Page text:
Project description:The activation of NADPH oxidase contributes to dopaminergic neurodegeneration and motor deficits in Parkinson's disease (PD). However, whether NADPH oxidase is involved in non-motor symptoms, especially cognitive dysfunction in PD remains unknown. This study is undertaken to characterize the effects of inhibition of NADPH oxidase by a widely used NADPH oxidase inhibitor apocynin on learning and memory deficits in paraquat and maneb-induced mouse PD model. Results showed that mice injected with paraquat and maneb displayed impairments of spatial learning and memory, which was associated with reduced tyrosine hydroxylase expression as well as increased neurodegeneration, synaptic loss, ?-synuclein expression and Ser129-phosphorylation in the hippocampus. Interestingly, apocynin treatment significantly ameliorated learning and memory deficits as well as hippocampal neurodegeneration and ?-synuclein pathology in mice treated with these two pesticides. Mechanistically, we found that apocynin mitigated paraquat and maneb-induced NADPH oxidase activation and related oxidative stress. Furthermore, reduced microglial activation and M1 polarization were observed in apocynin and paraquat and maneb co-treated mice compared with paraquat and maneb alone group. Finally, apocynin inhibited the activation of signal transducers and activators of transcription 1 (STAT1) and nuclear factor kappa B (NF-?B) pathways, two key regulatory factors for microglial M1 inflammatory responses, in paraquat and maneb-treated mice. Altogether, our findings implied that NADPH oxidase mediates learning and memory deficits in PD, and inhibition of NADPH oxidase by apocynin blocks impairments of learning and memory via the suppression of oxidative stress and neuroinflammation.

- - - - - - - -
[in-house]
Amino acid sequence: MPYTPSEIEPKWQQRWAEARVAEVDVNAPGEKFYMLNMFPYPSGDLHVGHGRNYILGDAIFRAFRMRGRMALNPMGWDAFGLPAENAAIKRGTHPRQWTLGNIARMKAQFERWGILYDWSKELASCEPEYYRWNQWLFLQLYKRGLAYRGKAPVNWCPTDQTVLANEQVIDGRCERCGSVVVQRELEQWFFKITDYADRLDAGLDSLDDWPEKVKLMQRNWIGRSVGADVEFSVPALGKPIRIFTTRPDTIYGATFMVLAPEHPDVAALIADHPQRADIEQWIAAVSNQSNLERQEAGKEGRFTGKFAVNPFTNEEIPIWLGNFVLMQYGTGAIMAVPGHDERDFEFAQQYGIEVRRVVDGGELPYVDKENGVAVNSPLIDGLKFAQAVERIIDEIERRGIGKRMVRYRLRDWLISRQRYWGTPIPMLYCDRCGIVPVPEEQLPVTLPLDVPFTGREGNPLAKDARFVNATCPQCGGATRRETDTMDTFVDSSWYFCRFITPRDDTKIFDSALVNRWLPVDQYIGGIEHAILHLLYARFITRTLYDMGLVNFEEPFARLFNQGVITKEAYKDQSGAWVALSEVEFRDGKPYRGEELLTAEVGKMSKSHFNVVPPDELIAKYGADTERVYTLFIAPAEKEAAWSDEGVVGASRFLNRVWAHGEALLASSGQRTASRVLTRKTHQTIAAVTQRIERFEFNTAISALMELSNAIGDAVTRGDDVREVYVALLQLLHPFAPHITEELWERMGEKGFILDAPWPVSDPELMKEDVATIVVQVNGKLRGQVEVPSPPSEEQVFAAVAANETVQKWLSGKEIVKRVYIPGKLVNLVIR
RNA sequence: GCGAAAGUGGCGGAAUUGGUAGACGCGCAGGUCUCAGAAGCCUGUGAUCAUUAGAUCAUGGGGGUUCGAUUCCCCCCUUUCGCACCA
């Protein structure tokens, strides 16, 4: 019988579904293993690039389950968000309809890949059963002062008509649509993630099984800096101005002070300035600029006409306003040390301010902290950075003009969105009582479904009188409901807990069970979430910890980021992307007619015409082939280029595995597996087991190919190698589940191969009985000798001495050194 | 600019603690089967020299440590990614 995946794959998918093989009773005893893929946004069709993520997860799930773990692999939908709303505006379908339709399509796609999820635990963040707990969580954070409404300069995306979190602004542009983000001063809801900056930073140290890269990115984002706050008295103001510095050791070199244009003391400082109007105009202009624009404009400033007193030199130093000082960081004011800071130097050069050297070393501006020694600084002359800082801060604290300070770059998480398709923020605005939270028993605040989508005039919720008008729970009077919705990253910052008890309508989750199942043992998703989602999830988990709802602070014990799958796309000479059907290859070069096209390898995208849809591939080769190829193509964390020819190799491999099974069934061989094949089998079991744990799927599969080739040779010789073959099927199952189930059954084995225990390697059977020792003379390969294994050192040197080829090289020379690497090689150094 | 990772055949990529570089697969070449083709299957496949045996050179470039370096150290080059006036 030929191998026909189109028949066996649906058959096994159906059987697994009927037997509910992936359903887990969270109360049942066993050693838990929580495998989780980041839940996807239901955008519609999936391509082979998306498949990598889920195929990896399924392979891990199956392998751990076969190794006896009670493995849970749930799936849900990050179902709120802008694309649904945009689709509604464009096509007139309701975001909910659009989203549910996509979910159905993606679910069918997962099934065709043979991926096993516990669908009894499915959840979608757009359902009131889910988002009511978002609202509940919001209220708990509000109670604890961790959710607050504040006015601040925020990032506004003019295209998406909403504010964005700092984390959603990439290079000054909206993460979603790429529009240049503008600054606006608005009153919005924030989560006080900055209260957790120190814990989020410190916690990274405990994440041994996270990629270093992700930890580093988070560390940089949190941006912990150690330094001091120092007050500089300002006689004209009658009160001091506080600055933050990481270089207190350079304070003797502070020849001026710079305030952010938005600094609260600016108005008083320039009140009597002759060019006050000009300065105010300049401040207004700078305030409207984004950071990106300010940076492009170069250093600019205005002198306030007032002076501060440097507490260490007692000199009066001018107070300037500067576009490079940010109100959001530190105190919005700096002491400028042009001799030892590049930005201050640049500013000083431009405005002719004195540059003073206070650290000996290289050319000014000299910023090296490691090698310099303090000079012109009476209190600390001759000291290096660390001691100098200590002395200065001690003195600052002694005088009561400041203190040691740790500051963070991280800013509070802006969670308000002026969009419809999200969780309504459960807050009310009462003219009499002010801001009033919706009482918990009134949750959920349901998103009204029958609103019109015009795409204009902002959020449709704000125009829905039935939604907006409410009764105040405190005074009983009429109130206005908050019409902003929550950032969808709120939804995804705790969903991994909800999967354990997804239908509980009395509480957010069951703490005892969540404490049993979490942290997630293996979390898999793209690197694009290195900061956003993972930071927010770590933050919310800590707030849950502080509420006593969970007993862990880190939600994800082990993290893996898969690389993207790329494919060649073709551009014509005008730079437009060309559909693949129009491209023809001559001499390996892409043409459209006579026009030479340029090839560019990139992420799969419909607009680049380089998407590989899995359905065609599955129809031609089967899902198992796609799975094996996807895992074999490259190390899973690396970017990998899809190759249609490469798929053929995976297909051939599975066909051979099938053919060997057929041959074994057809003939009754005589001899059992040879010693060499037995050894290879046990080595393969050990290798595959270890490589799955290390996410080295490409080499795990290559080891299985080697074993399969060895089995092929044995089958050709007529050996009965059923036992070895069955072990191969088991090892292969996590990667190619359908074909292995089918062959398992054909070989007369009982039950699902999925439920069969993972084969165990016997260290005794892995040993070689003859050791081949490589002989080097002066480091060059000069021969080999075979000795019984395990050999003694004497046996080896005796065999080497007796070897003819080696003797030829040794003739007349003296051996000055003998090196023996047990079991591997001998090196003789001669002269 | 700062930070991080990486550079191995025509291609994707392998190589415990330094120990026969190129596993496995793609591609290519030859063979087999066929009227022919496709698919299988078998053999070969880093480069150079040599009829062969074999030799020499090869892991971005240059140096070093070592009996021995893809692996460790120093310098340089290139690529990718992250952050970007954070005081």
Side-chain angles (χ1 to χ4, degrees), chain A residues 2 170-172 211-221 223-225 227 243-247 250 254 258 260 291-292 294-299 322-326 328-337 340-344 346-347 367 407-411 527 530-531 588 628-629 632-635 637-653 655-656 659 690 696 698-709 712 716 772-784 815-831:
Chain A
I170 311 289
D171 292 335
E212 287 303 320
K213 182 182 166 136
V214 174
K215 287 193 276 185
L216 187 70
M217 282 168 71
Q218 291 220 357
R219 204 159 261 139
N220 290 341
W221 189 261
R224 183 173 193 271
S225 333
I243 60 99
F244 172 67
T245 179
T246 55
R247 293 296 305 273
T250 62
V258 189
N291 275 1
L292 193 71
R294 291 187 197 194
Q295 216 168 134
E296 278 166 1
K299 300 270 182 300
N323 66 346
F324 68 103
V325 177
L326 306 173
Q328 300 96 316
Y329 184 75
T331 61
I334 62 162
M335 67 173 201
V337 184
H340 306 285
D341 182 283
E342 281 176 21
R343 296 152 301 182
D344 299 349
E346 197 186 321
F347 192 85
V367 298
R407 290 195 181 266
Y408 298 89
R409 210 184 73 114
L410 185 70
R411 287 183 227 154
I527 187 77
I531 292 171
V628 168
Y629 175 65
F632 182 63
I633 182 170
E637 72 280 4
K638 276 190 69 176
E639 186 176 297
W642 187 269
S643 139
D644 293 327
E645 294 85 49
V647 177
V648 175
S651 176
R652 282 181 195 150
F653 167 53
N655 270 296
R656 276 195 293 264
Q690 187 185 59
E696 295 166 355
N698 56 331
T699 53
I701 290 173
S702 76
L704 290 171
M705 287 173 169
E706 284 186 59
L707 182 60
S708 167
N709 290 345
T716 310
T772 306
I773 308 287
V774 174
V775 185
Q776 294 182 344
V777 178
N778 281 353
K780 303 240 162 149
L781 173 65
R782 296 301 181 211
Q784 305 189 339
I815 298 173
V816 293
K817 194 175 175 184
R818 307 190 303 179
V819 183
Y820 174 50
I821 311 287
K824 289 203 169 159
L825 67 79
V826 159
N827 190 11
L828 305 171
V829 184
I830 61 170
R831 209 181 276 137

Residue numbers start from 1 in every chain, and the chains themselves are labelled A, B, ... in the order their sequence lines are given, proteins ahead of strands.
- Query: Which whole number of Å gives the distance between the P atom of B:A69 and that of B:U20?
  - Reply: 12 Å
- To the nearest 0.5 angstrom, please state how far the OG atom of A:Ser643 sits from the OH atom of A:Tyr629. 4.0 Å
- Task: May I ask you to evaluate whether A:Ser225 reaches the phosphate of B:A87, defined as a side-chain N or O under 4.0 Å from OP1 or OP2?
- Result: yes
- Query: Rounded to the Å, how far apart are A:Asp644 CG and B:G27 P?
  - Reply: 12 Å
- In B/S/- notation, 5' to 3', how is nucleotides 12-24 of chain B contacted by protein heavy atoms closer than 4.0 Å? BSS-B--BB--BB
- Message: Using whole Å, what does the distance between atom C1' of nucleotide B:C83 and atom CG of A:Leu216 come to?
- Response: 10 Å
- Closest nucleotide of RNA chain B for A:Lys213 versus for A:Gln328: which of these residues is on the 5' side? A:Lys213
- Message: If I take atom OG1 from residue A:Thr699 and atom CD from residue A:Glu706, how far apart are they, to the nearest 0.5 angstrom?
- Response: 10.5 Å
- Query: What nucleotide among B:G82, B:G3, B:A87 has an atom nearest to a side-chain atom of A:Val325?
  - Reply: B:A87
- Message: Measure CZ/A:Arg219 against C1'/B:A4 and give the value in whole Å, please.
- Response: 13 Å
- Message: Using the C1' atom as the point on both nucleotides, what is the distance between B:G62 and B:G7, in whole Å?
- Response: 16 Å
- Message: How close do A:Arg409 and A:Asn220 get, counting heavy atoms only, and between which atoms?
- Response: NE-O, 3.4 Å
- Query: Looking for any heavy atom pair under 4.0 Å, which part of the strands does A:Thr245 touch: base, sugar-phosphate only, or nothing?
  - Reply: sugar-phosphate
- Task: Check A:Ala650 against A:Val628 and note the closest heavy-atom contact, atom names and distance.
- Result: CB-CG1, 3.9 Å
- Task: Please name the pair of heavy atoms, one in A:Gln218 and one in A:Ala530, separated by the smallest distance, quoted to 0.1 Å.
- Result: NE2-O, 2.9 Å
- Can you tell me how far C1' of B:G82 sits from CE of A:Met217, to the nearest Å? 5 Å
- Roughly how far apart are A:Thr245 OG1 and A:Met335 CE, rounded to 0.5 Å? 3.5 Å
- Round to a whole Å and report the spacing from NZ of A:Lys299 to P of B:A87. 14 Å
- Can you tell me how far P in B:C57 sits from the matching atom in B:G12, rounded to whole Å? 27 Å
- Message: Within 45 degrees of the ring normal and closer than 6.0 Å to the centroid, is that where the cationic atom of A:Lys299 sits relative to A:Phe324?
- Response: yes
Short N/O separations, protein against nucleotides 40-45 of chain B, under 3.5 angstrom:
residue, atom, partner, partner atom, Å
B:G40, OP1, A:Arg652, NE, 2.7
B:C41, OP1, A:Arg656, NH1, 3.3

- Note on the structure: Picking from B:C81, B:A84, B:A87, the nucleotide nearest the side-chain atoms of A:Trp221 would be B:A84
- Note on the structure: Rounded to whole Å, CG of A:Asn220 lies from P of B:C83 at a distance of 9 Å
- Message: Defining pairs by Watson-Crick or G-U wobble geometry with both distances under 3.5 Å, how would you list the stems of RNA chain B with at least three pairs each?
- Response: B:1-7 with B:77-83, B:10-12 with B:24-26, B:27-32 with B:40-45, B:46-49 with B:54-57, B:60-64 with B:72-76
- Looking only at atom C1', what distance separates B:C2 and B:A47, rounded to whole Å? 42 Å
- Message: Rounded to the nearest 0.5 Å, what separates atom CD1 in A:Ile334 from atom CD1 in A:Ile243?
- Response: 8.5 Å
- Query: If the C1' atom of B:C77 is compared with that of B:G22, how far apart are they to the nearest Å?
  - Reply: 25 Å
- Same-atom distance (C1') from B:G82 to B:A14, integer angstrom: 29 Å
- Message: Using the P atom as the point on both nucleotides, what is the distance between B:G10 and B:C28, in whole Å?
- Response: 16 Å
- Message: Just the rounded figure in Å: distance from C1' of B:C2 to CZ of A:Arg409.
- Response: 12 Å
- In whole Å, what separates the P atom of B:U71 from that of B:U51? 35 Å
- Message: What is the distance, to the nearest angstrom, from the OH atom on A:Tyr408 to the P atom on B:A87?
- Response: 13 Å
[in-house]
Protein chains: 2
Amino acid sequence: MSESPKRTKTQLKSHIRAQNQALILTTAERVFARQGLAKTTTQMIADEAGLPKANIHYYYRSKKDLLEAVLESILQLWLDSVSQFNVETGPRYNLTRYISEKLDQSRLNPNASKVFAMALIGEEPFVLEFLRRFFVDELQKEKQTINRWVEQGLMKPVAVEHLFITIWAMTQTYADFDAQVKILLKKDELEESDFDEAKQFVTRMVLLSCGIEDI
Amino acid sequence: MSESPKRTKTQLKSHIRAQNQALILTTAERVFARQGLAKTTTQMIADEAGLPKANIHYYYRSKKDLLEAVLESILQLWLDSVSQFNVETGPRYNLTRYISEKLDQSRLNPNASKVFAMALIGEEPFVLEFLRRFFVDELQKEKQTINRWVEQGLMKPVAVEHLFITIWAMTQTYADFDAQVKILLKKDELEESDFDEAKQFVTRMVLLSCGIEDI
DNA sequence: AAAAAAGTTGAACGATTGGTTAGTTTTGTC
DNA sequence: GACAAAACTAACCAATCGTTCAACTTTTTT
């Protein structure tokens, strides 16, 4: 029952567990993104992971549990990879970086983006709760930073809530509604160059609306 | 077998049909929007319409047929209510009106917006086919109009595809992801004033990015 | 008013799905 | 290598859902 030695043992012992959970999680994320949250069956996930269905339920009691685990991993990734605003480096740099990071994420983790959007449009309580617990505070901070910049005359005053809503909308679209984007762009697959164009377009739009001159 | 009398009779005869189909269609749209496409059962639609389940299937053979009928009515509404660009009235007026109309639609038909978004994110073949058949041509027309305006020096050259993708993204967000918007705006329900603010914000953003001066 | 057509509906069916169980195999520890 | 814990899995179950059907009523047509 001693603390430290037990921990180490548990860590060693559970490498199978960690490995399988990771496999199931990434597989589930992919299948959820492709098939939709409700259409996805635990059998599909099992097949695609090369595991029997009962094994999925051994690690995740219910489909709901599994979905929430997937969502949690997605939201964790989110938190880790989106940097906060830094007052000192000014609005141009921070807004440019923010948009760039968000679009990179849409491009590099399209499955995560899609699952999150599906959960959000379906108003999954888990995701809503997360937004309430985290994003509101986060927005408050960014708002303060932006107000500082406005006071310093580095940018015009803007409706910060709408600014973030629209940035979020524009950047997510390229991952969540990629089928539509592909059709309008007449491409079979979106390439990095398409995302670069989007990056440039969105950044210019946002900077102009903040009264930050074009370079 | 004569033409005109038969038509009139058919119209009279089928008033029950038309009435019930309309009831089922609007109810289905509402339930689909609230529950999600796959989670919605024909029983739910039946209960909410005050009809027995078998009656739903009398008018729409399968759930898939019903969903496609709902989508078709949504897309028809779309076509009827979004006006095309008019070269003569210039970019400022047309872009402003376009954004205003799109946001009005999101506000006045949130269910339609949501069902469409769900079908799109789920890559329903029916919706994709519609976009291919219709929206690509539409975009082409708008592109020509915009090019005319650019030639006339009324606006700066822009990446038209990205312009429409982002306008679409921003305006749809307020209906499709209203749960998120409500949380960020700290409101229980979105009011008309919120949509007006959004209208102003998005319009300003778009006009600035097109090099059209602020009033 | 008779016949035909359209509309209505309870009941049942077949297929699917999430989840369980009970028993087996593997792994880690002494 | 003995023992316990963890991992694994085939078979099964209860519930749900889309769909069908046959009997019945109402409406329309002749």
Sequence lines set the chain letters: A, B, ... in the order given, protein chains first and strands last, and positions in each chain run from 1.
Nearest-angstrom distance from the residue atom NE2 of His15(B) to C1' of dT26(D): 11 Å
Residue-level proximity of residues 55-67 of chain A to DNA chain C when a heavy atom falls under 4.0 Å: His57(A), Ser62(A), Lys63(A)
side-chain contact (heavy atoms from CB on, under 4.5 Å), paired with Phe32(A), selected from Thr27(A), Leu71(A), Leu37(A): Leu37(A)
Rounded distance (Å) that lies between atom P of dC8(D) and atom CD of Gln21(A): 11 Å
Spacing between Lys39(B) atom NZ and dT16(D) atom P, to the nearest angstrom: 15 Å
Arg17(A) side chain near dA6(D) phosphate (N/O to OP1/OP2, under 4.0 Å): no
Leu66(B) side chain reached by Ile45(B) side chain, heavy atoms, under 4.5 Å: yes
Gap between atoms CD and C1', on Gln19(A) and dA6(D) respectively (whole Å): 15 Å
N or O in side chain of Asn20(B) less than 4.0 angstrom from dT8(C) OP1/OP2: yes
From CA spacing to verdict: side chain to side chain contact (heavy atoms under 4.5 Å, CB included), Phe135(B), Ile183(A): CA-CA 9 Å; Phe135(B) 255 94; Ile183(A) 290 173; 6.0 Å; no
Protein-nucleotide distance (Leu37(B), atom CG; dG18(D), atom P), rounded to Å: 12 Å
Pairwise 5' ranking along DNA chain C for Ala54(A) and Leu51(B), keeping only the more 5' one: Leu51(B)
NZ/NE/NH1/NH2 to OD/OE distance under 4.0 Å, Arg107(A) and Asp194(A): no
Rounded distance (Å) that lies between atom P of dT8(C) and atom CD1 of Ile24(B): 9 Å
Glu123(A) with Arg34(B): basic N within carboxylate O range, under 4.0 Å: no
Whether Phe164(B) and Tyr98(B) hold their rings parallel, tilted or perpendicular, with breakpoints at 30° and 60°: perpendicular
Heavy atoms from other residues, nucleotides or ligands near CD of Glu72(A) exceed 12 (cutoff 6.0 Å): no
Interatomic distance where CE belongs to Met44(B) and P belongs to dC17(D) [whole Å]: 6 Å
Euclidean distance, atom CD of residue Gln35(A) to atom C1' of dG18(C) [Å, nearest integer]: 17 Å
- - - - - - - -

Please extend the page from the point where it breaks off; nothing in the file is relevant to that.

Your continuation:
Project description:Parkinson's disease (PD) and multiple system atrophy (MSA) are neurodegenerative diseases characterized by inclusions mainly composed of ?-synuclein (?-syn) aggregates. The objective of this study was to investigate if ?-synuclein (?-syn) overexpression could have beneficial effects by inhibiting the aggregation of ?-syn. The M83 transgenic mouse is a model of synucleinopathy, which develops severe motor symptoms associated with aggregation of ?-syn. M83 neonate or adult mice were injected with adeno-associated virus vectors carrying the human ?-syn gene (AAV?-syn) or green fluorescent protein gene (AAVGFP) using different injection sites. The M83 disease was - or not - accelerated using extracts of M83 brains injected with brain extract from mouse (M83) or human (MSA) origins. AAV vectors expression was confirmed using Western blot and ELISA technics. AAV mediated ?-syn overexpression did not delay the disease onset or reduce the ?-syn phosphorylated at serine 129 levels detected by ELISA, regardless of the AAV injection route and the inoculation of brain extracts. Instead, a proteinase-K resistant ?-syn staining was detected by immunohistochemistry, specifically in sick M83 mice overexpressing ?-syn after inoculation of AAV?-syn. This study indicated for the first time that viral vector-mediated ?-syn overexpression could form aggregates in a model of synucleinopathy.